ASH President Applauds Introduction of Legislation to Establish Sickle Cell Disease Medicaid Demonstration Program
New bill introduced today to improve access to comprehensive outpatient care for individuals living with sickle cell disease
(WASHINGTON, Dec. 10, 2021) — Yesterday, Representatives Danny Davis (D-IL-7) and Michael Burgess, MD (R-TX-26) introduced a bill (H.R. 6216, Sickle Cell Disease Comprehensive Care Act) to improve access to comprehensive, high-quality outpatient care for individuals living with sickle cell disease (SCD) who are enrolled in Medicaid.
SCD is the most common inherited red blood cell disorder in the United States, affecting an estimated 100,000 people. According to the Centers for Disease Control and Prevention (CDC), SCD affects one out of every 365 Black or African American births and one out of every 16,300 Hispanic American births. Individuals with SCD suffer from acute pain episodes and chronic pain and may be affected by an array of other organ complications, which can cause disability or even death.
A Centers for Medicare and Medicaid Services (CMS) report found that approximately 50% of individuals living with SCD in the United States are covered by Medicaid. Currently, many individuals living with SCD face barriers to appropriate, quality care such as a shortage of specialized providers, a lack of coordination among health care providers, and challenges relating to health insurance cost and coverage.
In recognition of these barriers to care, the new bill directs CMS to create a Medicaid demonstration program to improve access to comprehensive, high-quality outpatient care for individuals living with SCD, including clinical, mental health, and support services. The bill seeks to bolster access to primary and preventive services in participating states by providing reimbursement for care coordinators, community health workers, and other non-traditional service providers, with the goal of developing individual patient-centered care plans.
In selecting states for participation in the demonstration program, priority will be given to those states that also participate in the CDC SCD Data Collection program or precursor programs, as well as states with a high prevalence of individuals living with SCD. If passed, the legislation would establish full federal reimbursement for services and care coordination provided under the demonstration program.
For several years, the American Society of Hematology (ASH) has worked with members of Congress to educate them about the issue of lack of quality care for individuals living with SCD, as well as to advocate for Medicaid payment models such as the one introduced in the new bill. ASH has also engaged with a number of other SCD partner groups about the bill, and in September 2021 led a group of 40 SCD stakeholder groups in sending a letter to Representatives Davis and Burgess and Senators Cory Booker (D-NJ) and Tim Scott (R-SC) to encourage them to introduce it.
In response to the introduction of the legislation, ASH President Martin S. Tallman, MD, of Memorial Sloan Kettering Cancer Center issued the following statement:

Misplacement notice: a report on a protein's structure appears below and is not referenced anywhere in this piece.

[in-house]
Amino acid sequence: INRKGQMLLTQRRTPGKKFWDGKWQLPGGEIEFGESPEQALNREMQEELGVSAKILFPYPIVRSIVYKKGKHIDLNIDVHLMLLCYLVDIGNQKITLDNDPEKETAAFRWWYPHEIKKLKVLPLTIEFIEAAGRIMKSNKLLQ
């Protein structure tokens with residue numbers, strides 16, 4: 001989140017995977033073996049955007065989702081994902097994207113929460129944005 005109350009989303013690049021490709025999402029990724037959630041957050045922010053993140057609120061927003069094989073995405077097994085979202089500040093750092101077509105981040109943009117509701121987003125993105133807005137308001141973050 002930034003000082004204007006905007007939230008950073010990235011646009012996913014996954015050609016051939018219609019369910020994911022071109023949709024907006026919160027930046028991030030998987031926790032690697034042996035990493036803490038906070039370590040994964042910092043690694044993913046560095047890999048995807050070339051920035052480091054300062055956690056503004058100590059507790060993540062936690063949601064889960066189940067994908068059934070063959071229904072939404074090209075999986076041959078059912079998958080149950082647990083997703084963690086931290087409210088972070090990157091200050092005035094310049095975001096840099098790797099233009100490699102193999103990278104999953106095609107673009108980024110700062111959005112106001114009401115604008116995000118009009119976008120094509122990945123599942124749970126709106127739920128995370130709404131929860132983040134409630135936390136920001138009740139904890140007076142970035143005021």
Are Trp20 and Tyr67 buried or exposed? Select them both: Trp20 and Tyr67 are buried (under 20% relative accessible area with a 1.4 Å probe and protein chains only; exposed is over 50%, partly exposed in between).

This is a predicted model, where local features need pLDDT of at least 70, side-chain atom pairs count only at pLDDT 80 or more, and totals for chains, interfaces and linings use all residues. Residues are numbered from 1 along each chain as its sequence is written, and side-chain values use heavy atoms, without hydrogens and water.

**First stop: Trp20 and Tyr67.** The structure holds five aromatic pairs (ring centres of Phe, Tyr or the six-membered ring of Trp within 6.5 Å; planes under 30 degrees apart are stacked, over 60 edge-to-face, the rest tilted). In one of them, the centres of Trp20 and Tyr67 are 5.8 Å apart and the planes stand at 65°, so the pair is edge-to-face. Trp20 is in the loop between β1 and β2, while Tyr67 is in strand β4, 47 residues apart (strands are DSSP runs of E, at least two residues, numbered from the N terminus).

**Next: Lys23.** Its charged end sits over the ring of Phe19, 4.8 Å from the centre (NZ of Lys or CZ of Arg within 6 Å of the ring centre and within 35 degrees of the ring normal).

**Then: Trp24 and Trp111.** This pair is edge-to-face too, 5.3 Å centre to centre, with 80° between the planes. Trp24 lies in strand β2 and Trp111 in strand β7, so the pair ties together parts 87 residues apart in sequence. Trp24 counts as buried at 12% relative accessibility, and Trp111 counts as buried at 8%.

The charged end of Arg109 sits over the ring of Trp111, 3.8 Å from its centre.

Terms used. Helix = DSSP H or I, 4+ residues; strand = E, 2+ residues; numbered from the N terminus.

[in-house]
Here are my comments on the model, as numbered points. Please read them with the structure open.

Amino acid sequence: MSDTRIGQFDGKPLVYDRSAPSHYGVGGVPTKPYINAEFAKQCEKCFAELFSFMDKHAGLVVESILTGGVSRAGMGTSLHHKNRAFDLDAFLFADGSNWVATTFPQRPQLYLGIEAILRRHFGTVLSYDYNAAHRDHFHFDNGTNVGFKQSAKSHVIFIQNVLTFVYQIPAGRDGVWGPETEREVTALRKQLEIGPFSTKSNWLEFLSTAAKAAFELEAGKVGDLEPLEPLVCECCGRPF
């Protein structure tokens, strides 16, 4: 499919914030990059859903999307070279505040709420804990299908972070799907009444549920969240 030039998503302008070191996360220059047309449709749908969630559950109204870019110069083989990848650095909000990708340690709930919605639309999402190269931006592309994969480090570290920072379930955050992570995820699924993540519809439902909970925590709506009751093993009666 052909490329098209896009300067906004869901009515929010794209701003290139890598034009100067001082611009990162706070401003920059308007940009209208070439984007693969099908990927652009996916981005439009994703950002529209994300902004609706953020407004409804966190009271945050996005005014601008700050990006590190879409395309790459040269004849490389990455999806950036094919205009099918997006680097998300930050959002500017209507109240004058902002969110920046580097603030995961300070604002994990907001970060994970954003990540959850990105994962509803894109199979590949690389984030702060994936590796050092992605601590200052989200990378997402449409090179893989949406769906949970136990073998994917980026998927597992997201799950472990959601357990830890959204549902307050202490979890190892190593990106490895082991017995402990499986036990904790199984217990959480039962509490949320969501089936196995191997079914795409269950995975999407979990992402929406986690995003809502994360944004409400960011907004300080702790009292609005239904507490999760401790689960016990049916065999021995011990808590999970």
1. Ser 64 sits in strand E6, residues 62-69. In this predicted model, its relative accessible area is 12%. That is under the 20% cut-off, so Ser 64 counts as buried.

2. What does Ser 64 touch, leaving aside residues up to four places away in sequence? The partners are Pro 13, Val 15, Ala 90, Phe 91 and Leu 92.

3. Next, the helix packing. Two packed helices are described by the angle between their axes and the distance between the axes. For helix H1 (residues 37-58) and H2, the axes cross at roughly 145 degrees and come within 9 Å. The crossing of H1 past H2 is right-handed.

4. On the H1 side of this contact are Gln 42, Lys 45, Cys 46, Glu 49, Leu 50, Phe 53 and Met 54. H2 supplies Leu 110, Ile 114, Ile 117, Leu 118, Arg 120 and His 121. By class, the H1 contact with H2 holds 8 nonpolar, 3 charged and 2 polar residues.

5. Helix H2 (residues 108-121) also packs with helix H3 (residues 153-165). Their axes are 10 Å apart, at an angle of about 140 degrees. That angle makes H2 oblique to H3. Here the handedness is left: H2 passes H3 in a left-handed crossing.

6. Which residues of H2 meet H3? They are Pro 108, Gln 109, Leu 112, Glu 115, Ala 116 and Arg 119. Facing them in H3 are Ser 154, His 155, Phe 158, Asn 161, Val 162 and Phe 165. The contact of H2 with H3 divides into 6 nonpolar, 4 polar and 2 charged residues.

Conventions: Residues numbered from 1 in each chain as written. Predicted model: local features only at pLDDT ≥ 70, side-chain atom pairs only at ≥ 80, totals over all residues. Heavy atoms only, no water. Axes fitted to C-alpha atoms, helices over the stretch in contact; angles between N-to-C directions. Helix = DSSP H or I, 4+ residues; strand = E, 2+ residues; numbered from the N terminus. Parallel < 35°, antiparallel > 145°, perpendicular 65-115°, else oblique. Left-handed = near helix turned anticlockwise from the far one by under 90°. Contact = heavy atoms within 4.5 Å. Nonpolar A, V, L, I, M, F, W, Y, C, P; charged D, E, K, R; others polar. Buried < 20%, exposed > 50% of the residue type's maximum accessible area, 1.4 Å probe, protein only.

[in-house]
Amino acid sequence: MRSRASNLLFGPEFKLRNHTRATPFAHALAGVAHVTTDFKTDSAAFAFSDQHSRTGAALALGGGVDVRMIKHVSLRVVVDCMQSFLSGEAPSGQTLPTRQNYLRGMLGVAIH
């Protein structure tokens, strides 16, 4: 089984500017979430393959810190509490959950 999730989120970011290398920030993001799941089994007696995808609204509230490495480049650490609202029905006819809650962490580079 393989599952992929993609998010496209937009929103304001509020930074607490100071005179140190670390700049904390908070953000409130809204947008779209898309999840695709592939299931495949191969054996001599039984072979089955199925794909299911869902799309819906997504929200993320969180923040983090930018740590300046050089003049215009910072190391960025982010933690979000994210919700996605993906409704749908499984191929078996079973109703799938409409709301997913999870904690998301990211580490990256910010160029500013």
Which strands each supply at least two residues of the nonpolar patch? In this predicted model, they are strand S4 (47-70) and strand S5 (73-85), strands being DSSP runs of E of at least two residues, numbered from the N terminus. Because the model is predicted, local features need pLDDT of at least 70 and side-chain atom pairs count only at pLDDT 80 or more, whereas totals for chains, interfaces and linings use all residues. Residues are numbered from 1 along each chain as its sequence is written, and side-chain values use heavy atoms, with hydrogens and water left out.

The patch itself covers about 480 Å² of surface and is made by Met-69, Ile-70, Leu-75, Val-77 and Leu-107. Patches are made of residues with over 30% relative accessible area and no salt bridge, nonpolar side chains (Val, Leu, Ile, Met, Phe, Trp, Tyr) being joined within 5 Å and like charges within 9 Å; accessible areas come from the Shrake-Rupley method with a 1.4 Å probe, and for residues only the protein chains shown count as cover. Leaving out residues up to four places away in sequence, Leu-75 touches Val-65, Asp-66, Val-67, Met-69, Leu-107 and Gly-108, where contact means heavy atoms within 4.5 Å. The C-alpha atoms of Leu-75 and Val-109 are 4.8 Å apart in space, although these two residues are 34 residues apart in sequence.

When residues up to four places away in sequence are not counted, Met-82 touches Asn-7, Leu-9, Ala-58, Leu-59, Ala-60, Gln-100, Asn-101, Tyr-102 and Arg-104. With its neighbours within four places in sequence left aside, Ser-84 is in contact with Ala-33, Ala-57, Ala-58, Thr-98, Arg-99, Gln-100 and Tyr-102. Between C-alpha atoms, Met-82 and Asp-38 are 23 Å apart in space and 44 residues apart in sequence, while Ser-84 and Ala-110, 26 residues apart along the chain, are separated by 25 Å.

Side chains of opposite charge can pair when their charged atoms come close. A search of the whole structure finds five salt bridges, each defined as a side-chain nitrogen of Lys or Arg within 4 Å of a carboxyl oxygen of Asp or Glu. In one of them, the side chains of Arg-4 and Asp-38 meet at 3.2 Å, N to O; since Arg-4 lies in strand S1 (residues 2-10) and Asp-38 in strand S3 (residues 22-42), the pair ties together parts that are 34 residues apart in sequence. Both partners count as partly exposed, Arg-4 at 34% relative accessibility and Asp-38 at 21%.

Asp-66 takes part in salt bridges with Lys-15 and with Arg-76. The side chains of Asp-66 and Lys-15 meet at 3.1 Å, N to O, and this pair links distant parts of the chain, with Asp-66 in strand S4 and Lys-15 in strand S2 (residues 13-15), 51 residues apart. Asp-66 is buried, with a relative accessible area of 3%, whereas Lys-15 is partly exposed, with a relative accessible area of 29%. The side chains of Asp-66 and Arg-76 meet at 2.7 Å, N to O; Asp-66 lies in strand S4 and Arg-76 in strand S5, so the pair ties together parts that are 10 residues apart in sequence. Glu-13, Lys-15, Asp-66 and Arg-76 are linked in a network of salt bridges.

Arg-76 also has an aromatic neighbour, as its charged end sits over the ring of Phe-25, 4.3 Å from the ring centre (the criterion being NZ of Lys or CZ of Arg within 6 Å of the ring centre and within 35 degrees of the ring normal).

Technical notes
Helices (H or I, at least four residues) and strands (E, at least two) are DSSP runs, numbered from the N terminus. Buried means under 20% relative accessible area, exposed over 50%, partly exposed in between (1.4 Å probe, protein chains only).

“We applaud Representatives Davis and Burgess for acknowledging and addressing the problem of lack of comprehensive care for individuals living with SCD. ASH will continue to work with SCD champions in the Senate and we are hopeful that a companion bill will soon be introduced. We encourage other members of Congress to join them in this important legislation.
As hematologists, we know that individuals living with SCD lack access to comprehensive care to manage their condition to avoid serious complications. Unfortunately, this means that these individuals – who are already burdened by a devastating disease – do not receive care that is holistic and tailored to their unique needs.
ASH has long recognized and worked to address the urgent need for change in the state of care for individuals with SCD through the multi-faceted Sickle Cell Disease Initiative. This issue has taken on even greater urgency for the Society in recent years; when the pandemic emerged and data showed the disproportionate effects of COVID-19 on the African American community, we redoubled our efforts to improve care for individuals with SCD.
We are pleased to see that our ongoing advocacy efforts have helped bring this issue to the forefront for policymakers, and we commend our Congressional champions for working in a bicameral and bipartisan manner to better the lives of people with SCD.
The introduction of the new bill, which would provide an organized approach to primary and preventive care for individuals with SCD, is a crucial first step toward improving outcomes for the SCD community. We look forward to continuing to work closely with Representatives Davis and Burgess and other members of Congress to ensure that all people living with sickle cell disease get the care they need.”
ASH Sickle Cell Disease Initiative
The American Society of Hematology (ASH) (www.hematology.org) is the world’s largest professional society of hematologists dedicated to furthering the understanding, diagnosis, treatment, and prevention of disorders affecting the blood. For more than 60 years, the Society has led the development of hematology as a discipline by promoting research, patient care, education, training, and advocacy in hematology. ASH publishes Blood (www.bloodjournal.org), the most cited peer-reviewed publication in the field, and Blood Advances (www.bloodadvances.org), an online, peer-reviewed open-access journal.
Leah Enser, American Society of Hematology